What to do when your water meter estimates are bungled
Municipality failed to take readings for 6 months. Six months later sent a bill of close to R8,000 claiming they under-billed us for all those months. The normal monthly usage is about R1,800. Fortunately we pay every month. Do I have a case against the municipality? We live in Pinetown – Clifford
Hi Clifford, thank you for your question. According to the Municipal Systems Act and each local municipality’s respective bylaws, municipalities have an obligation to take meter readings timeously. Each municipality’s bylaws differ slightly but usually the municipalities should not exceed 3 months without taking readings. However, the municipality is entitled to back bill for the amount that they may have undercharged when issuing the interim readings.
Generally speaking, most residential households use a similar amount each month unless there is some specific reason such as water leaks in the case of water meter readings and often we find that clients had a dripping or leaking geyser which can cause the water to be excessively used and naturally if the geyser is constantly being filled up by fresh new cold water its element will be working overtime and can also cause electricity charges to spike. A consumer needs to carefully monitor their monthly bills in order to prevent scares, such as these.
Even though it is not the consumer’s obligation to take meter readings for water and electricity, we strongly urge and suggest that clients monitor their electrical and water readings as well and be proactive. It is not nice trying to fight the municipality after they have sent you a bill. You may also proactively take your own readings and contact your respective municipality through their various mechanisms by issuing them the readings to ensure precise and accurate accounts.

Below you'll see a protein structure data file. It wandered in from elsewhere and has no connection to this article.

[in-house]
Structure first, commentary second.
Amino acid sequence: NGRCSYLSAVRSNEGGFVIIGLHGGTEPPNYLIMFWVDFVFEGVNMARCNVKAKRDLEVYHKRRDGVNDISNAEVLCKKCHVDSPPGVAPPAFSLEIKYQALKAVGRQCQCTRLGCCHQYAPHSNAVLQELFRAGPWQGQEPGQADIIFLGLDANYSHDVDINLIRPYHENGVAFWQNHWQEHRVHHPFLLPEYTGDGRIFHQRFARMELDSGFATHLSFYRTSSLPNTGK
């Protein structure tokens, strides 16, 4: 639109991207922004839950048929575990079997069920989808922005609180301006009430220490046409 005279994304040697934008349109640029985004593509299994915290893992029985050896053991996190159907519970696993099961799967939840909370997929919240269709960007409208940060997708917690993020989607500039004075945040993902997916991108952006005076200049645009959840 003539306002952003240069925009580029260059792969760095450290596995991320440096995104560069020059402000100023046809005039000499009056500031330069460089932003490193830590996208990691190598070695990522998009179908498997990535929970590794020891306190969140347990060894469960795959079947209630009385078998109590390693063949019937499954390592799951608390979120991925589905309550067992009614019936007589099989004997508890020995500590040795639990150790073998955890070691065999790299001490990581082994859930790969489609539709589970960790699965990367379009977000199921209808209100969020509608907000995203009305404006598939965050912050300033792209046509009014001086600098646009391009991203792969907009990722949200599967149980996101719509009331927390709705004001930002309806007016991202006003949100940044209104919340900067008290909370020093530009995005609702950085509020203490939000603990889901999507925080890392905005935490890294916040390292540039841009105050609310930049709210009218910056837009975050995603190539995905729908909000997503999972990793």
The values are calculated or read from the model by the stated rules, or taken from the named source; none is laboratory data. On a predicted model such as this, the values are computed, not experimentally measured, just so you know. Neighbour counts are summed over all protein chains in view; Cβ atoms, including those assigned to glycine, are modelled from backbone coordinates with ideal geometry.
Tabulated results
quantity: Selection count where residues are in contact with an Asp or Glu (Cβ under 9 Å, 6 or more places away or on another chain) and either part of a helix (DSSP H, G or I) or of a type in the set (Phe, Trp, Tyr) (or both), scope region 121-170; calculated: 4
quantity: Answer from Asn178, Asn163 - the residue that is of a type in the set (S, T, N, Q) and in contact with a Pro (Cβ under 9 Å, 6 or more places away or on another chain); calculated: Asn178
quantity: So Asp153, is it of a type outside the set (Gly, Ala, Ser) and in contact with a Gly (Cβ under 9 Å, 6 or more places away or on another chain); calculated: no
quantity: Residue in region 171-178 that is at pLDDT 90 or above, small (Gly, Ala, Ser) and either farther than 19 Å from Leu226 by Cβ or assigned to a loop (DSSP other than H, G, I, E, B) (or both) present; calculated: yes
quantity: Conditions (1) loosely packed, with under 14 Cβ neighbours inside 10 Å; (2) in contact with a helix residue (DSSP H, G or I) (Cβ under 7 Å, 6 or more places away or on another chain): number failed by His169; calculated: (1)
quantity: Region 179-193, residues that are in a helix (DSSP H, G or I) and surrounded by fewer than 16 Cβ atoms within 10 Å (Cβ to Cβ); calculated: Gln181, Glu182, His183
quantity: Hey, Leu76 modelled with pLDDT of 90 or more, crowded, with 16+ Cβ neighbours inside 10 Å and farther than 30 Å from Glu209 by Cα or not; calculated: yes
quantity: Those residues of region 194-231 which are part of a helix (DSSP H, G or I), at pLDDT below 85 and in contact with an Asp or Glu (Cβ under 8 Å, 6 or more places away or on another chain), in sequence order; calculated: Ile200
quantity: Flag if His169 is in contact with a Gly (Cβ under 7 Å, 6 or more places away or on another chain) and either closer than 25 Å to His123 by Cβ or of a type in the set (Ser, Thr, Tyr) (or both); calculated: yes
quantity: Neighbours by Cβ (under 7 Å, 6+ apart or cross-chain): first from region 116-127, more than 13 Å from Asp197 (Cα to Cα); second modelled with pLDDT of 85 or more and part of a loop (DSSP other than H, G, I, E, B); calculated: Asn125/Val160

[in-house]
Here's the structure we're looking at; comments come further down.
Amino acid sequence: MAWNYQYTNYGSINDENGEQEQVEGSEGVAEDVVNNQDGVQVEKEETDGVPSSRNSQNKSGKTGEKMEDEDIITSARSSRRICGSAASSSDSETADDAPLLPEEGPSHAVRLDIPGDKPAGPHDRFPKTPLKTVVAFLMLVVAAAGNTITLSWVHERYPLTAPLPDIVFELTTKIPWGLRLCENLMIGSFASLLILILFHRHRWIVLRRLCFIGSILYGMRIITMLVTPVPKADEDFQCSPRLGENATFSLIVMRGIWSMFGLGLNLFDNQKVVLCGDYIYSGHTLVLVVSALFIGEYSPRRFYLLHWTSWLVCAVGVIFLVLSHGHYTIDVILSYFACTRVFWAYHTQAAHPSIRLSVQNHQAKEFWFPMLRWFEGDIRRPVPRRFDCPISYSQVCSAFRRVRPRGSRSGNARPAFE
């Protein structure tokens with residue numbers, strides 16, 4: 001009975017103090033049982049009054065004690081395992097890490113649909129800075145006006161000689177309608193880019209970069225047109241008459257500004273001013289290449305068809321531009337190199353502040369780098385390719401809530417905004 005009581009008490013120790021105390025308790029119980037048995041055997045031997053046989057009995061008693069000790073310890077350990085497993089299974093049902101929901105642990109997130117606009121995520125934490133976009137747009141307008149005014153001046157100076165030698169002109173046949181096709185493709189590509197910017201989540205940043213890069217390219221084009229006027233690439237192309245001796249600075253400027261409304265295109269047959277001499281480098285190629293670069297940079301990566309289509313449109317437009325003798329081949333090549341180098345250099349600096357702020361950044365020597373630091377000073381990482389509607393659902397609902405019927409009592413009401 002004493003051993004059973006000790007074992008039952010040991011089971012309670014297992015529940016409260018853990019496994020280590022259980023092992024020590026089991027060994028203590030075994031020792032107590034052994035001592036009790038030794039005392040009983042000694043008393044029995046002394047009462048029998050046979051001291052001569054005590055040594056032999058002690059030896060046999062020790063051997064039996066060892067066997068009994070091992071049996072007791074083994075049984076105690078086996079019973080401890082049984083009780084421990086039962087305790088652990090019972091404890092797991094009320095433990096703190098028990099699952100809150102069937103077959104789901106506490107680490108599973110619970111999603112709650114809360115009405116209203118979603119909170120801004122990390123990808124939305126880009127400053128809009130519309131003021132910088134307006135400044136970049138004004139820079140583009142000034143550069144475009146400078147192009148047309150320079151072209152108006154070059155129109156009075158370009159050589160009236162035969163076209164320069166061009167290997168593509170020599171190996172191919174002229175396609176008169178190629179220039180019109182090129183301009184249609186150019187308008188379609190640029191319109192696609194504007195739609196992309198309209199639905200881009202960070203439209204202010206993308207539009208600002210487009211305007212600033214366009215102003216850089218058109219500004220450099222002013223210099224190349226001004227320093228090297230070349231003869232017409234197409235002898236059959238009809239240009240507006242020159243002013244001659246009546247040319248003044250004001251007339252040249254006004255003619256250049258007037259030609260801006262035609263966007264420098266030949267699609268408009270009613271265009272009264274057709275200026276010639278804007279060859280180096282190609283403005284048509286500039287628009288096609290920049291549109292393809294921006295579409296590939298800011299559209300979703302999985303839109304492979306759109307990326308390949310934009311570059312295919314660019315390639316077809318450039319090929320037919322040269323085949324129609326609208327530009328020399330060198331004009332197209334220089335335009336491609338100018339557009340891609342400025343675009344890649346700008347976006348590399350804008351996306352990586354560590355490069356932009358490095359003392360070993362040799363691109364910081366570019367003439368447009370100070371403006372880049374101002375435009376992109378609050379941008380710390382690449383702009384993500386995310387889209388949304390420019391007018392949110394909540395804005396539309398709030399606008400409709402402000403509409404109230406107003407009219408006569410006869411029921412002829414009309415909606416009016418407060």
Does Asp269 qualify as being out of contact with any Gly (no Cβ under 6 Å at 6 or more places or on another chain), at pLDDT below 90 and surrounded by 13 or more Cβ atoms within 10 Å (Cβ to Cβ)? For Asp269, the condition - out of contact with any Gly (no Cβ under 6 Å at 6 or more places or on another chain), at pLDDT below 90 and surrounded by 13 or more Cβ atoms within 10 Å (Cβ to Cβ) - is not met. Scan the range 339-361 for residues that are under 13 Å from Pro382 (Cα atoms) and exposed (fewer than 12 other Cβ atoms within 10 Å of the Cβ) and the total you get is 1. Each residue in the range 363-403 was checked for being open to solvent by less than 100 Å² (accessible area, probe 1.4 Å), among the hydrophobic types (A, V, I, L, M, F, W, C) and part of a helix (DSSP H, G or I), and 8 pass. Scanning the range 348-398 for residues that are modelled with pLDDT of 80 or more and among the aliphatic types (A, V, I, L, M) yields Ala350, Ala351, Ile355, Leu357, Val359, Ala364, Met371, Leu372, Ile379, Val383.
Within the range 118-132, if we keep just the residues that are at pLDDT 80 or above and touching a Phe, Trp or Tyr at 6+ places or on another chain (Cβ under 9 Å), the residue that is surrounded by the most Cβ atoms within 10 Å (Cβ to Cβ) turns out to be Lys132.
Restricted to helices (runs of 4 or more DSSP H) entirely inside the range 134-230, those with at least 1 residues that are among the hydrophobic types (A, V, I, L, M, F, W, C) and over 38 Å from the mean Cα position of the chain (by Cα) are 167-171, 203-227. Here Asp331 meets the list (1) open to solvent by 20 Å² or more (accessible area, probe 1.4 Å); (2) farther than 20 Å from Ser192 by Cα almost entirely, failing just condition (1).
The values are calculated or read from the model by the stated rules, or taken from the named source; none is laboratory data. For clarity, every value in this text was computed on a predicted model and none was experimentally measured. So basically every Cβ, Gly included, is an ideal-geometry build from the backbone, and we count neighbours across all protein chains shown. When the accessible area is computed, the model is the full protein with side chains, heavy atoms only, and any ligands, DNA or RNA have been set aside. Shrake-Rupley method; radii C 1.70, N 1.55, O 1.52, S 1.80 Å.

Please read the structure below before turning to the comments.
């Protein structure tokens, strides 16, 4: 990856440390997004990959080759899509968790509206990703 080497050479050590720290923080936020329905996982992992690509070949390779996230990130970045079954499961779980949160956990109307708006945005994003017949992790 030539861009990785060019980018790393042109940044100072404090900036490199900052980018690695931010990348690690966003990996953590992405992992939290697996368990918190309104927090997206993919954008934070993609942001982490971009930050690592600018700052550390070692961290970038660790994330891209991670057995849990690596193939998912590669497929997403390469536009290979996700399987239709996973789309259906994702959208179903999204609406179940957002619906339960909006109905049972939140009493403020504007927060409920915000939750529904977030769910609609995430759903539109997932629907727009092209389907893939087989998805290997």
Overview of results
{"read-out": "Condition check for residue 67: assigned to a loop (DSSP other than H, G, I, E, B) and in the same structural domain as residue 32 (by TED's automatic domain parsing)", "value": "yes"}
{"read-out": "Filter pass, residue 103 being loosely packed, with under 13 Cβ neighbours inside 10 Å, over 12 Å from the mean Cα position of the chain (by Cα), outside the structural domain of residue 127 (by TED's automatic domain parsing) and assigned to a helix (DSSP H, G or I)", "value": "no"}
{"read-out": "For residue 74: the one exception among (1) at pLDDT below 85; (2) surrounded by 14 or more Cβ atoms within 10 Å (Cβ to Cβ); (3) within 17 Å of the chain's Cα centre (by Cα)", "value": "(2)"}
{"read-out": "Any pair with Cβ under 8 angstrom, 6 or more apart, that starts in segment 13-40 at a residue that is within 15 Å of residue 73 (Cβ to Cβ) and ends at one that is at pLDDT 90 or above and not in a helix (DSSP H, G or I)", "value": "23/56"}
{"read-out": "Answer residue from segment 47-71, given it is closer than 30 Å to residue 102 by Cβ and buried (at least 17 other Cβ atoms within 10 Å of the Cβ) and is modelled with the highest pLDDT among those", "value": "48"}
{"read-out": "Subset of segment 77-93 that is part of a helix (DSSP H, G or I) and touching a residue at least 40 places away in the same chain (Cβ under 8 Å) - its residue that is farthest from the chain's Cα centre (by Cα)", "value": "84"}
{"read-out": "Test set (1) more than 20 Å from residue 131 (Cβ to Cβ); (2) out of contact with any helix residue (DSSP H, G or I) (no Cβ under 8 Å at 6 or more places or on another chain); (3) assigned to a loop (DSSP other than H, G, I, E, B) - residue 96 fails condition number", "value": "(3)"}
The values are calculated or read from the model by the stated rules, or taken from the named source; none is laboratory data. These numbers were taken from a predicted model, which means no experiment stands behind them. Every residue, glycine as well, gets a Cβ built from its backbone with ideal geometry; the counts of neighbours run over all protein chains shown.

Most municipalities welcome this assistance from ratepayers. Under no circumstance can you withhold payment to the municipality as their bylaws clearly state that if the readings have been taken the consumer is liable for the said charges and the readings are to be accepted as truth. However, if you feel that your meter may be giving false readings as every month they are giving erroneous amounts that are completely different approach needs to be undertaken.
I would be curious to know what your usage pattern for the respective services have been over the past year and what they did charge you and what their exact explanation is, as upon investigation you may find that the bill could be correct and at the same time could be grossly incorrect. Giving a generic answer for this matter is impossible as the merits of this case has to be considered carefully
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Who is Peter Livanos?
Mr Peter Livanos the Managing Director of New Ventures Consulting & Services(NVC): the Municipal Debt Specialist (MDS), has been a true pioneer of the correct implementation of Municipal Clearance Figures & Certificates since 2002. He was one of the first people to approach the courts to enforce the public’s rights for Section 118 of the Municipal Systems Act. Over the years, his consulting practice grew into a serious force in the property industry. Due to NVC becoming the authority, they now act for most of South Africa’s major banks, transferring attorneys, real estate agents and property owners. To date, his company has successfully assisted in excess of 12,000 property owners in reducing and correcting municipal debt, resulting in savings of hundreds of millions of rands.
According to many, NVC has been declared the people’s hero, as they have been fighting for the helpless and funding all the legal costs. Their most recent litigation against Ekurhuleni and City of Tshwane is of major importance, as it will affect every single property owner in the country. This ground breaking court case could potentially have devastating effects on all banks’ mortgage bonds over a property. In the North Gauteng High Court recently, the judge declared that it was unlawful for a municipality to hold new owners liable for historic debts of a property. The judge further announced that if the municipality believed that the Municipal Systems Act allowed Municipalities to do this, that he declare that Act unconstitutional and referred same to the Constitutional Court (Con Court) for confirmation. Both the City of Tshwane and Ekurhuleni Municipalities have appealed the NVC cases and the matter is set to be heard in the Con Court during May 2017.